The controller 23 is programmed to disregard monitored power draw (P) values in excess of the predetermined ground contact power draw value (Pgc) until after a predetermined motor current in-rush time (Tin-rush) has passed. For each application, this predetermined period of time (Tin-rush) is set to be long enough to encompass an in-rush of whatever jack motor 14 the controller 23 is to monitor by measuring the motor current in-rush times of a suitably large sample of motors of the type to be used in a target application. Motor current in-rush is an extremely large spike in current draw that occurs immediately after activating a DC electric motor while coils of the motor are energizing. The motor in-rush time (Tin-rush) is slightly longer than the known brief period of time that it takes for this phenomenon to pass. The motor current in-rush time to be used by the device 20 is set to be longer than the worst case (longest) in-rush time measured, to account for motors outside the sample pool that may have longer in-rush times. In this way, the controller 23 causes the device 20 to ignore power spikes unrelated to ground contact.

The controller 23 is also programmed to wait a period of time before recognizing monitored power draw (P) values in excess of the predetermined ground contact power draw value (Pgc) as representing ground contact. In other words, this period of time, known as the motor load confirmation debounce period (Tload), represents the amount of time that the motor 14 must continue to draw more than the ground contact power draw value (Pgc or Pthreshold+ΔPload) before the controller 23 will conclude that ground contact has occurred. The controller 23 uses the Tload parameter to prevent false ground contact detections that are caused by brief periods of motor load exceeding Pthreshold+ΔPload. Such short term loads will pass unnoticed if they are shorter than the motor load confirmation debounce period (Tload). The Tload parameter is also used to ensure that a jack 12 is firmly seated on the ground and to ensure that platform 10 weight has shifted onto the jack 12. This is accomplished by continuing to drive the jack 12 for a brief period after ground contact has been established. The value of the Tload parameter is set taking into account the behavior of a target motor 14 over a wide variety of control voltages, platform loads, and ground conditions.

To arrive at the threshold power draw value Pthreshold, the controller 23 is programmed to start with a previously-measured no-load power draw value and then dynamically adjusts that value to compensate for changes in jack motor 14 power draw that occur over time as a result of such factors as drive component wear, expansion and contraction of jack 12 and motor components due to temperature changes, contamination of jack 12 and motor components, loss of lubrication, corrosion, and the like. The controller 23 also dynamically adjusts threshold power draw value (Pthreshold) to compensate for changes that occur between uses due to variations in environmental conditions.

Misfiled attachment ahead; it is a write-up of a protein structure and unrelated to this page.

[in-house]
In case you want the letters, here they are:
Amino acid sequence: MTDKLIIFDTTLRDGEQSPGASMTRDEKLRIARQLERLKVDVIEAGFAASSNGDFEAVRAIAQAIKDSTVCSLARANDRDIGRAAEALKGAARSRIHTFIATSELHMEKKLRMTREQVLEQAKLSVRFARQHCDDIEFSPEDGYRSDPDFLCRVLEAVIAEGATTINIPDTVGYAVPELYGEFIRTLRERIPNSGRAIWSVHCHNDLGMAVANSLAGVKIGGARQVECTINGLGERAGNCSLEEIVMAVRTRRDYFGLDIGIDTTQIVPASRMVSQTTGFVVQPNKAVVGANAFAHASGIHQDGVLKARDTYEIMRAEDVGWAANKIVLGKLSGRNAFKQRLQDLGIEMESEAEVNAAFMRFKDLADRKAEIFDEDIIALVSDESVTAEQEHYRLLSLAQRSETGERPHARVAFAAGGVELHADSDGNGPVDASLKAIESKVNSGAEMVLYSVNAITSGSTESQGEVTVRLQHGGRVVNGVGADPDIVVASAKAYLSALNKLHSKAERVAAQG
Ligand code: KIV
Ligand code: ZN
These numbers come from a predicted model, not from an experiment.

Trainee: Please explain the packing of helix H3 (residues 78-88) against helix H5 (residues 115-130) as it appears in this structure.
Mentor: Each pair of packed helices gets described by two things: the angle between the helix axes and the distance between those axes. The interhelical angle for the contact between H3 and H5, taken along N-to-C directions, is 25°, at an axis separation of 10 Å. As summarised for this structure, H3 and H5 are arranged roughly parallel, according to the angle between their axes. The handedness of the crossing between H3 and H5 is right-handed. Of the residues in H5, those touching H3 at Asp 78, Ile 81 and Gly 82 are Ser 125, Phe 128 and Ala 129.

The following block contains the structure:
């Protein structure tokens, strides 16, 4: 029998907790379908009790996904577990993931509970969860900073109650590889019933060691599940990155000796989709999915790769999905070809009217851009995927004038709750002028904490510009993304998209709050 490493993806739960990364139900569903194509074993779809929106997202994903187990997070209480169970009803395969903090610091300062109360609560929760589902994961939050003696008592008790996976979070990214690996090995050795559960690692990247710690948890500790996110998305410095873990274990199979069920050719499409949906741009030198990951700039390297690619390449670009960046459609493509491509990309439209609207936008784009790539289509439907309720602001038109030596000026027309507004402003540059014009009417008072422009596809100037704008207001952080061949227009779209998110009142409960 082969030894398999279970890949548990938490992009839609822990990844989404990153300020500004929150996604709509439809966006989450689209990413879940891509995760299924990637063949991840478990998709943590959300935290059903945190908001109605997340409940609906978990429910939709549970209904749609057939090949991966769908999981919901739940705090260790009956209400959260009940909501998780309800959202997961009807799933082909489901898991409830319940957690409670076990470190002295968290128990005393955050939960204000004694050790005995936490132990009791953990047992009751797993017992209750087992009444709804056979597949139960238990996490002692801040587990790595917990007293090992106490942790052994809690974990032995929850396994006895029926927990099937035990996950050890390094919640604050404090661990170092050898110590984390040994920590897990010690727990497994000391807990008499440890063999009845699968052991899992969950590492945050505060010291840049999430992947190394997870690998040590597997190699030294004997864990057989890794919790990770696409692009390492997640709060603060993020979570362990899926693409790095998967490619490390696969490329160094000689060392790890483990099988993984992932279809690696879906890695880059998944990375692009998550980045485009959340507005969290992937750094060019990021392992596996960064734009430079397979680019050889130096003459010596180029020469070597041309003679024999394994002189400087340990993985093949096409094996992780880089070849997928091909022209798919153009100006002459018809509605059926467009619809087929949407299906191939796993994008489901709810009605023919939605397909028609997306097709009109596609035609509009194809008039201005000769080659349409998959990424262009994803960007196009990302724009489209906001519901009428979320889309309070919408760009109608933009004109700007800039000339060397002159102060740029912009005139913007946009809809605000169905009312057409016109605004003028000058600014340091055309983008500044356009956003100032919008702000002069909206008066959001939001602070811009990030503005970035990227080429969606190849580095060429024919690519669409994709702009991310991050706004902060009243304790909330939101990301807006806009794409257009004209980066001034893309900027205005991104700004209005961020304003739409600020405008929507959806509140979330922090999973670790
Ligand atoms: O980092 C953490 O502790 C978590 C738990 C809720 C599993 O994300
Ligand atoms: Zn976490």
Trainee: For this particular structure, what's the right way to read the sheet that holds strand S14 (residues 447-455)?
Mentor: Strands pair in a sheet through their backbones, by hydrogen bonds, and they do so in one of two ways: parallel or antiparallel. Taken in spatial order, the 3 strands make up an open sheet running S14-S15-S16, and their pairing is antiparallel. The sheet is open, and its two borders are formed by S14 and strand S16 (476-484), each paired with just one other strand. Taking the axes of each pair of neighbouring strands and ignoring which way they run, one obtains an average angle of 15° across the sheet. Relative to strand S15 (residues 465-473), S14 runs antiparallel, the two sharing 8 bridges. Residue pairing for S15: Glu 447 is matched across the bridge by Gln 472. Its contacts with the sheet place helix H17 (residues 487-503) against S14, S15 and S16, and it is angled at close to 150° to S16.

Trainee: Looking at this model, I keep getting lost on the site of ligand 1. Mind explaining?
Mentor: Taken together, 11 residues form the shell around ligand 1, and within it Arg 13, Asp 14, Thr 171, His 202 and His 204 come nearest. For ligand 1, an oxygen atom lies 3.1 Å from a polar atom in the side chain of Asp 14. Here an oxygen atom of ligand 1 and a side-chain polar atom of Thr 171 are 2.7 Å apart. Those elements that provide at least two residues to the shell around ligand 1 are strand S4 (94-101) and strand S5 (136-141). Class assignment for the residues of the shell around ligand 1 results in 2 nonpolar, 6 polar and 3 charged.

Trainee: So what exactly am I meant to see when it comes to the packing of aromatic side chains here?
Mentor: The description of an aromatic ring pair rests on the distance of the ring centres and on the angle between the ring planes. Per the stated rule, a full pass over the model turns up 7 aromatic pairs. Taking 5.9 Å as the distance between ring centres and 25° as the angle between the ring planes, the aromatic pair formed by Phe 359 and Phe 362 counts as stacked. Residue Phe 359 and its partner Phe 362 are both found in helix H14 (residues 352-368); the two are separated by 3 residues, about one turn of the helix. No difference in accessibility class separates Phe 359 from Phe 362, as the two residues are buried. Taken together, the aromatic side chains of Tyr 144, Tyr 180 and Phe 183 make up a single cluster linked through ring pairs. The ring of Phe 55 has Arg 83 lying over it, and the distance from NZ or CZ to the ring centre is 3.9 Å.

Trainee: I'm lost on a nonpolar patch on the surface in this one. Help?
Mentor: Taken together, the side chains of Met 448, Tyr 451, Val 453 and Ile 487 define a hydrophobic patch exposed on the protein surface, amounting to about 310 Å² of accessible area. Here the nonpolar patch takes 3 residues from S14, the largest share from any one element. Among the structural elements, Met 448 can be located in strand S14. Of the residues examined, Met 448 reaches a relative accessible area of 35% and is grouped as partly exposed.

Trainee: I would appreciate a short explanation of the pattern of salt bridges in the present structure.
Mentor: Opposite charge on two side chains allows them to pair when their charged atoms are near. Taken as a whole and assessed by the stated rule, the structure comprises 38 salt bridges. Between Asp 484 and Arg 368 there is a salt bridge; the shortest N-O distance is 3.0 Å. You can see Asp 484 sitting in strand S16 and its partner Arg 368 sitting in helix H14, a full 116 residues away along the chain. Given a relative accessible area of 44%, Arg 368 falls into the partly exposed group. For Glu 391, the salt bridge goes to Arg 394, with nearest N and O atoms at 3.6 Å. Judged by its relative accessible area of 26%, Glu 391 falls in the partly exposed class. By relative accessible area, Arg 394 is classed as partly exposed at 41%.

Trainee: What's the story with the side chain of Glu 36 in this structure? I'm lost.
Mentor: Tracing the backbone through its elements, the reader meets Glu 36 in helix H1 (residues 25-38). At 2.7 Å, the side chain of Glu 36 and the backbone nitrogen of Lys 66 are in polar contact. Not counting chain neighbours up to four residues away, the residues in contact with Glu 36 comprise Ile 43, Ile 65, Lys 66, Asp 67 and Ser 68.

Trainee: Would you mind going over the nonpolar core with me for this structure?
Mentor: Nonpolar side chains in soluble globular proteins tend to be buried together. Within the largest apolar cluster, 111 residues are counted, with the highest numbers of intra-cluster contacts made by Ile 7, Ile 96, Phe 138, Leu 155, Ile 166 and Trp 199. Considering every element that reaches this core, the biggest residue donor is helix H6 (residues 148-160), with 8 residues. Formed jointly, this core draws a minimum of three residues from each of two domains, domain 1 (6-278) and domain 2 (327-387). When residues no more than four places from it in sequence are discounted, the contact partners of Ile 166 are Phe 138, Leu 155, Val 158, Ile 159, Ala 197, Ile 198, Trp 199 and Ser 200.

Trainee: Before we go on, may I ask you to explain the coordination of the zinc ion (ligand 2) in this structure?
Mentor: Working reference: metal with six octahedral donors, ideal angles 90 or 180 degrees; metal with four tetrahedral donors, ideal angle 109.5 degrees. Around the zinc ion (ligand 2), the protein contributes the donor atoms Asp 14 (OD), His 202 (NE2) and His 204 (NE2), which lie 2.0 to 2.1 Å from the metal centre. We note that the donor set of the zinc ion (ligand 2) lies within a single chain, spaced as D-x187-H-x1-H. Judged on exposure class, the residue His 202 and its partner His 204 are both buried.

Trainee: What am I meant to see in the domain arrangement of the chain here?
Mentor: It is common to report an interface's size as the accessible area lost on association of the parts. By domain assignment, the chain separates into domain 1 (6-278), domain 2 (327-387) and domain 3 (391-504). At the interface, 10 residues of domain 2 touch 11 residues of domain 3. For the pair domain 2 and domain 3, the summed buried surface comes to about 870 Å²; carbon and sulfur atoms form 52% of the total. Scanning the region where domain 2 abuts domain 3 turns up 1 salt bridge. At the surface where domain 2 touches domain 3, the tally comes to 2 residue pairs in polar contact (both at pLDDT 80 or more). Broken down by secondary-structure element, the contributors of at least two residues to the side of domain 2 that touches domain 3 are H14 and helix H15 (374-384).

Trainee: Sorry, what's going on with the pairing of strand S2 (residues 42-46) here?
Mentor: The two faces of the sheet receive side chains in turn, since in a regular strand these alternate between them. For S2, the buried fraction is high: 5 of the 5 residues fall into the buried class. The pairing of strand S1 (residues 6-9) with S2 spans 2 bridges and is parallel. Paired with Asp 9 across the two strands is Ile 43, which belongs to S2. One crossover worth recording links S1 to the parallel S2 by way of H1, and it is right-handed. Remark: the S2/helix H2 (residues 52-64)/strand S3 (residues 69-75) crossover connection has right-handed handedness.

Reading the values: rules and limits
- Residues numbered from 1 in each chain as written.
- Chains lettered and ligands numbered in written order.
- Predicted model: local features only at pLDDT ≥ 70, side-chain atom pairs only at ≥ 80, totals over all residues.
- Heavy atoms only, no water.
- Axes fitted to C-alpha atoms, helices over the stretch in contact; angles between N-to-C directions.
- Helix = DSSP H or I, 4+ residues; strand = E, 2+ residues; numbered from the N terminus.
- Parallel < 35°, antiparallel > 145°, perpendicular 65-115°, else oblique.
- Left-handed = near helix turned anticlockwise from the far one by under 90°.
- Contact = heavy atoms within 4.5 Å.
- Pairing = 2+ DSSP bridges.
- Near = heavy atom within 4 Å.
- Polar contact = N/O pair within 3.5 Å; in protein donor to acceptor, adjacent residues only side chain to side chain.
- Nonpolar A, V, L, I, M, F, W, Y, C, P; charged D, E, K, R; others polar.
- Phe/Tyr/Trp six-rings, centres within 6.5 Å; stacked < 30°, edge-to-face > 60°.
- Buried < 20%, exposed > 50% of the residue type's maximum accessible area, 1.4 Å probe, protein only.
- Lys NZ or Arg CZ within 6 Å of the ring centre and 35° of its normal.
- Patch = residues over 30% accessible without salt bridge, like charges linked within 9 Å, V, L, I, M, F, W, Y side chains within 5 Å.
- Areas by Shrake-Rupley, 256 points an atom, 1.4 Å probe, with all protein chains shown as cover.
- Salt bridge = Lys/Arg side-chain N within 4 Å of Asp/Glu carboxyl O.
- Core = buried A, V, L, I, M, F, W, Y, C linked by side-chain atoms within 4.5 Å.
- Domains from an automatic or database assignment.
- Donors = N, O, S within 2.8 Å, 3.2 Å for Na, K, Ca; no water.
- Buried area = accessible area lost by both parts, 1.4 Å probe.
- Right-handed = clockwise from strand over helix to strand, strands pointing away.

In practice, the motor load confirmation debounce period (Tload), the motor current in-rush time (Tin-rush), and the minimum power draw increase (ΔPload) of the electric jack motors for the intended application are predetermined and stored in the device 20. It's preferable to store these parameters in non-volatile reprogrammable memory 31 such as EEPROM to allow the parameters to be updated to reflect more accurate or recent calculations, or changed to adapt to different applications or conditions. This allows the latest parameter values to be programmed into the product at the end of the production line and/or modified after the product is built. This method is typically implemented on new products where it's advisable to allow for parameter changes that may be implemented during early production. It's also useful to implement this method during the development phase of a product, when parameters are being determined and change daily. However, some or all of the parameters may alternatively be hard-coded into program ROM. This is a lower cost solution that may be implemented on mature products for which parameter values have not changed for a long period of time and are not expected to change in the near future.

The device 20 is then incorporated into a mobile platform attitude adjustment system 22. The attitude adjustment system 22 incorporating the device 20 is then mounted on the platform 10 and the device 20 is electrically connected to each of the motor-driven jacks 12 mounted around the platform 10. More specifically, the sensor leads 21 and the control leads are connected between the device 20 and each of the jacks 12 and the power lead is connected to the source of electrical power 26.

When an operator actuates the attitude adjustment system 22 to begin adjusting the attitude of the platform 10, as shown at decision point 52 in FIG. 9, the controller 23 first determines whether the motor is active. If not, as shown at action point 54 and as is further explained below, the controller resets the value of Pthreshold to a maximum value. If the motor is active, the controller 23 begins to monitor the present electrical power draw value (P) of each of the electric jack motors, as shown at action point 56, while the electric jack motors are extending their respective associated extendable feet to adjust the attitude of the mobile platform 10. More specifically, and as is also shown at decision point 56, the controller 23 monitors and measures the present DC voltage (V) driving each of the electric jack motors as well as the respective present current draws (I) of the electric jack motors. The controller 23 then filters each of the DC voltage measurements into respective stable RMS voltage values (Vrms=RMS(V)) using a cutoff frequency set appropriately for the application and filters the current draw measurements into respective stable RMS current values (Irms=RMS(I)) using a cutoff frequency set appropriately for the application. The controller 23 calculates the present electrical power draw (P) of each motor 14 by multiplying its stable RMS voltage value (Vrms) by its stable RMS current value (Irms) according to the equation P=Vrms×Irms. The controller 23 also filters the resulting present electrical power draw (P) of each jack 12 into a stable RMS power value (Prms) according to the equation Prms=RMS(P) using a cutoff frequency set appropriately for the application.